New law lets German internet users connect with their own routers

German ISPs can no longer prohibit users from using their own routers to access services, says FSFE.

The European arm of the Free Software Foundation, Free Software Foundation Europe (FSFE, has won a major battle against German ISPs.

Starting August 1, a new law will prohibit ISPs from dictating what routers users connect to the internet with. Users are free to use any router they choose. But FSFE fears that ISPs may find ways to discourage users from using their own routers.

I talked to Max Mehl, FSFE Germany Coordinator, to understand some of those concerns, the problem with using routers supplied by ISPs and why users should use their own routers. Here is an edited version of that interview.

Have there been any cases where total control of ISVs over routers had security implications?

Depends on how you define it. There were quite a few cases in which users weren't able to use IPv6 properly in their homes because the default, provider-controlled routers didn't implement the standard correctly.

Then there're still many default routers out there that suffer from known security holes and don't get any security updates by the provider anymore. In many cases users aren't allowed to exchange or fix these devices themselves.

What are the advantages of using your own router?

There are many, here a few:

  1. People can make a step forward to control their technology. The router is the gatekeeper of our homes, tunneling valuable information like emails, surfing behavior, phone calls or chats. It  is important that users are able to choose a device that they can trust, that suits their requirements, has any features they need  (and also not far too many). In this respect it is even more  important that users are in a position of running free software on these critical devices.
  2. Default routers had many security issues in the past and people weren't able to fix these themselves or to use another, more secure device. Now customers can choose devices that support modern security standards, have longer update cycles or hand out patches faster.
  3. Up until now providers often just cared for cheap prices of their default routers. Now customers can also set other priorities like eco-friendliness or power cost savings.

What kind of routers are recommended?

In general we recommend routers that run Free Software. For DSL connection there are already many that are supported by free software firmware like OpenWrt, IPFire or the like. For cable connected devices the situation is a bit worse and unclear because until now there was almost no cable ISP allowing alternative devices, and because these devices run chips that are not Free Software friendly. With the new situation and a growing market we hope that also cable internet users will be able to benefit from free software firmware soon.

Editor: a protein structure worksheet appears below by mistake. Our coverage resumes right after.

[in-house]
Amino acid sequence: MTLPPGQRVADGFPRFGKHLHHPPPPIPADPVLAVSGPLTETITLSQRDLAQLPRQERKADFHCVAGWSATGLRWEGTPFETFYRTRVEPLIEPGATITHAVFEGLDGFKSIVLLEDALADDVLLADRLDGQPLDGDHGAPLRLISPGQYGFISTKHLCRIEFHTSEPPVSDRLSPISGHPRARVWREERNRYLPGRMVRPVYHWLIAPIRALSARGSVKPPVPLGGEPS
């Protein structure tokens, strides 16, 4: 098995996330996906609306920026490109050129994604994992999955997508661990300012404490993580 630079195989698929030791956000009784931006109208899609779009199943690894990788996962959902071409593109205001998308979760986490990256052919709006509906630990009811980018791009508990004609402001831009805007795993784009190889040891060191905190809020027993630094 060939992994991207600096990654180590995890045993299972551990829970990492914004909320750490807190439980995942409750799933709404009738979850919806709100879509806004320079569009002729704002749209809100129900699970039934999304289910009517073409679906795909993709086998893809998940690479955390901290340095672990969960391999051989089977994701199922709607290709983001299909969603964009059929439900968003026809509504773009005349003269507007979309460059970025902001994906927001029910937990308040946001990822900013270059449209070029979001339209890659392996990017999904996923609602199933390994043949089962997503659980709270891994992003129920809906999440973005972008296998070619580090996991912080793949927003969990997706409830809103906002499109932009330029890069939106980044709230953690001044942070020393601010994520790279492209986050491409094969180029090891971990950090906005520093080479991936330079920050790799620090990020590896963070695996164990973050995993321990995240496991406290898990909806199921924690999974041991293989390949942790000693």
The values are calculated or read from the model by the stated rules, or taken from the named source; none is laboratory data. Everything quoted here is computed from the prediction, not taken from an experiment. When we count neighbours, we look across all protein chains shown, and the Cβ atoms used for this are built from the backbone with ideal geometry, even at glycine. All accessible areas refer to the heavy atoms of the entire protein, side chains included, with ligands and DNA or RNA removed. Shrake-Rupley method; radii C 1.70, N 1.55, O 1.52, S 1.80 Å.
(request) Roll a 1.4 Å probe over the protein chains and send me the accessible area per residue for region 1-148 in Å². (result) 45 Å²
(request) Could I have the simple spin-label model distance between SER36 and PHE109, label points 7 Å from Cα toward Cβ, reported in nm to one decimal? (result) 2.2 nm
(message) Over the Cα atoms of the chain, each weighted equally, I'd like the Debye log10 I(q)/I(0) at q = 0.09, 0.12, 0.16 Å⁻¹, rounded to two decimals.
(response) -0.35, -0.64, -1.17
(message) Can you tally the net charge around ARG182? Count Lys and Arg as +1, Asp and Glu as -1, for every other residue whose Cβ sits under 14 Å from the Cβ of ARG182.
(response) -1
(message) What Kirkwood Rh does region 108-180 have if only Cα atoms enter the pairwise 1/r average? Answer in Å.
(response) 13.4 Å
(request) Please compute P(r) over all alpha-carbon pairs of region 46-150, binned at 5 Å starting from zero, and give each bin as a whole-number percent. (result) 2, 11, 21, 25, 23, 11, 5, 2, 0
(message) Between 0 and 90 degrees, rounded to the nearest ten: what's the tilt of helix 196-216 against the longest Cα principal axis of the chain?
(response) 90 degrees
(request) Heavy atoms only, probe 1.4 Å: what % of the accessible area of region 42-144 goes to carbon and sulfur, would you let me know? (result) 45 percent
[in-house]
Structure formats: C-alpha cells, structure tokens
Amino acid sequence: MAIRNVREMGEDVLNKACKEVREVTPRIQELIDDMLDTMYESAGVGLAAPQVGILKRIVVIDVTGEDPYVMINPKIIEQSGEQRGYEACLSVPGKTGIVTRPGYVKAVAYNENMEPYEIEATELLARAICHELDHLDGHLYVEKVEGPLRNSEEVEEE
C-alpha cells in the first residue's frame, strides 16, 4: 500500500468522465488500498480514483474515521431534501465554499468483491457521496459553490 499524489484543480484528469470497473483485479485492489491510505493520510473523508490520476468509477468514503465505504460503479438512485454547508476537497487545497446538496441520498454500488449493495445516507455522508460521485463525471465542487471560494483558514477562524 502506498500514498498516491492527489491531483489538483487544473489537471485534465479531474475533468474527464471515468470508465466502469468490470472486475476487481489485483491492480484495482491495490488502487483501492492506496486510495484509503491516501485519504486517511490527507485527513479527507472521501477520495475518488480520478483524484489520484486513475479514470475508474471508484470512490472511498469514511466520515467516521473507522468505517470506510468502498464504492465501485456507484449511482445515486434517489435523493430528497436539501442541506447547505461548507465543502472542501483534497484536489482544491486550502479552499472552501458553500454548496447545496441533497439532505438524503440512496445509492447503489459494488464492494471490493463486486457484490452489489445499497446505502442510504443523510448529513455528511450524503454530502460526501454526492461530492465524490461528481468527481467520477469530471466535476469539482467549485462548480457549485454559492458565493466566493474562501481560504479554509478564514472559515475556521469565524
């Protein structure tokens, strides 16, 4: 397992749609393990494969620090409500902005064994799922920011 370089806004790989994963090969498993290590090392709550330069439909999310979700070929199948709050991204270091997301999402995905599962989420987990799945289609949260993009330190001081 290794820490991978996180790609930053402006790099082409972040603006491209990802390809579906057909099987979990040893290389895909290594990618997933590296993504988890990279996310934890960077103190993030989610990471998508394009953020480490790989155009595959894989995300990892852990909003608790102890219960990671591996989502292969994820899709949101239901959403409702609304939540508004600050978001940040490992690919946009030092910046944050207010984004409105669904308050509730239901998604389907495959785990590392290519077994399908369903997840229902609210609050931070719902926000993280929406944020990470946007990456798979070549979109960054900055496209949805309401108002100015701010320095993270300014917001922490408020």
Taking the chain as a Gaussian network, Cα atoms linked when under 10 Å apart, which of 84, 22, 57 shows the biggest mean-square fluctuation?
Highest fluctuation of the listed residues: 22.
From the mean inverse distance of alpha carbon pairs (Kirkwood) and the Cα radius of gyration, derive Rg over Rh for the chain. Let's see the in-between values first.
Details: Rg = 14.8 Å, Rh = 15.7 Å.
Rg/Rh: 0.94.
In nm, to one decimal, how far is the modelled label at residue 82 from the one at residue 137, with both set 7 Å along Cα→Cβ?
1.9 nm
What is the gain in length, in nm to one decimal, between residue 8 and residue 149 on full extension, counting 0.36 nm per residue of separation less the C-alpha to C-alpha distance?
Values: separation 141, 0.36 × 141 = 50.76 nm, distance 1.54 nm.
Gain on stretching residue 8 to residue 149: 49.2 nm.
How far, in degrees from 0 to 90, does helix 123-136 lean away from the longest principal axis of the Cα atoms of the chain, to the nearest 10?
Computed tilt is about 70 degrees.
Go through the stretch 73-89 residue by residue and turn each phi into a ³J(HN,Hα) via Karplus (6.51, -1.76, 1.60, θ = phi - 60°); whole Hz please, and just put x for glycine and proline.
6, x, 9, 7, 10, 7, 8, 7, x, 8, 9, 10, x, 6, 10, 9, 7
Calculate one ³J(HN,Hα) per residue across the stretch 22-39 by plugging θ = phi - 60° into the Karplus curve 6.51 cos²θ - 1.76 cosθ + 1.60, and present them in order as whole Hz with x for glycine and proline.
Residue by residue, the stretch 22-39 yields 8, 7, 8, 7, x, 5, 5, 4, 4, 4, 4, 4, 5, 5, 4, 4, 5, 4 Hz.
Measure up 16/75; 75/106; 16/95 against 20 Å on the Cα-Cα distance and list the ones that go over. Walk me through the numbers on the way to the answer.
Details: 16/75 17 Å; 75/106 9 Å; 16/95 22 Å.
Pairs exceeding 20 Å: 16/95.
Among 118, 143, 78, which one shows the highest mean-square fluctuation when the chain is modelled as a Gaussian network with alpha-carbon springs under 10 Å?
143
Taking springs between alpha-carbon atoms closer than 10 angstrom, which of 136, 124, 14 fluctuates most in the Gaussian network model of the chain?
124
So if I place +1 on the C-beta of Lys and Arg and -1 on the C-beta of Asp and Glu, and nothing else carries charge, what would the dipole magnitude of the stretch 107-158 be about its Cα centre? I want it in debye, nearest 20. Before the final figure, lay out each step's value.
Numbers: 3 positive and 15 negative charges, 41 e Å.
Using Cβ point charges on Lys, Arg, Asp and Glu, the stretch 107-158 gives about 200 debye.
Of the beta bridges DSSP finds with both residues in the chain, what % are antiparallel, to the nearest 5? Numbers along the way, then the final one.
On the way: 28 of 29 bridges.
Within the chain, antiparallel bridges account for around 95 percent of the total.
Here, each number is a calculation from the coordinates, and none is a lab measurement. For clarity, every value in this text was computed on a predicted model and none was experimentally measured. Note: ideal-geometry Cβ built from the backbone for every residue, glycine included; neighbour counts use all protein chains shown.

What is the possibility that ISVs will certify/approve only few routers to work with their network to maintain their control?

Some cable ISPs dream about a voluntary certification of alternative devices. But we don't expect that because this would be highly illegal and opposing the new law. Any device following the necessary known standards and having the necessary consumer market certificates (like CE in Europe) is allowed to be used for connecting to the internet, and replacing the default router.

Have ISPs pushed back? I'd imagine they are certainly going to fight back?

During the debates since 2013 there was quite a lot pressure from their side. There were technically incorrect arguments like free choice of routers would endanger the network of whole regions — ignoring the fact that the U.S. market has been liberalized for many years and we haven't seen such breakdowns yet. They lobbied quite hard against the new freedoms for customers on many political levels but we are happy that the new law is unambiguous in terms of user freedoms.

With this new law, however, we expect that ISPs will find other ways to discriminate against users, like making the process of getting the necessary access data for internet and telephony extremely complicated, refusing to support customers who run an alternative device, telling users that their internet connection will be much slower or unstable with non-ISP-supplied devices and so on. For this, we set up a public wiki page where we collect such incidents and user experiences and exchange information. If we detect misbehavior on the part of ISPs we certainly will make it public and confront them.

What’s FSFE’s advice to new and existing broadband users in Germany so that they are well equipped to talk to their ISPs?

Don't let yourself get dazzled by your ISPs when they want to convince you to stay with your default device — it just saves them money for support, and in many cases you already pay quite a lot for these devices. Insist on your rights and don't be shy to tell FSFE, consumer organizations, or the Federal Network Agency (Bundesnetzagentur) if your ISP refuses to give you the necessary data.

How are you planning to educate users given that a majority of users are not tech-savvy and don’t read FSFE news?

We are already doing that quite successfully. In the first place we worked not only on our own but actively joined forces with consumer organizations, hardware manufacturers and firmware initiatives. We put this topic on the agenda of many journalists. In recent days we've seen many non-tech news publications cover the new law (for example Sueddeutsche Zeitung) and after August 1 we expect even more news articles about the new user rights.

Copyright © 2016 IDG Communications, Inc.

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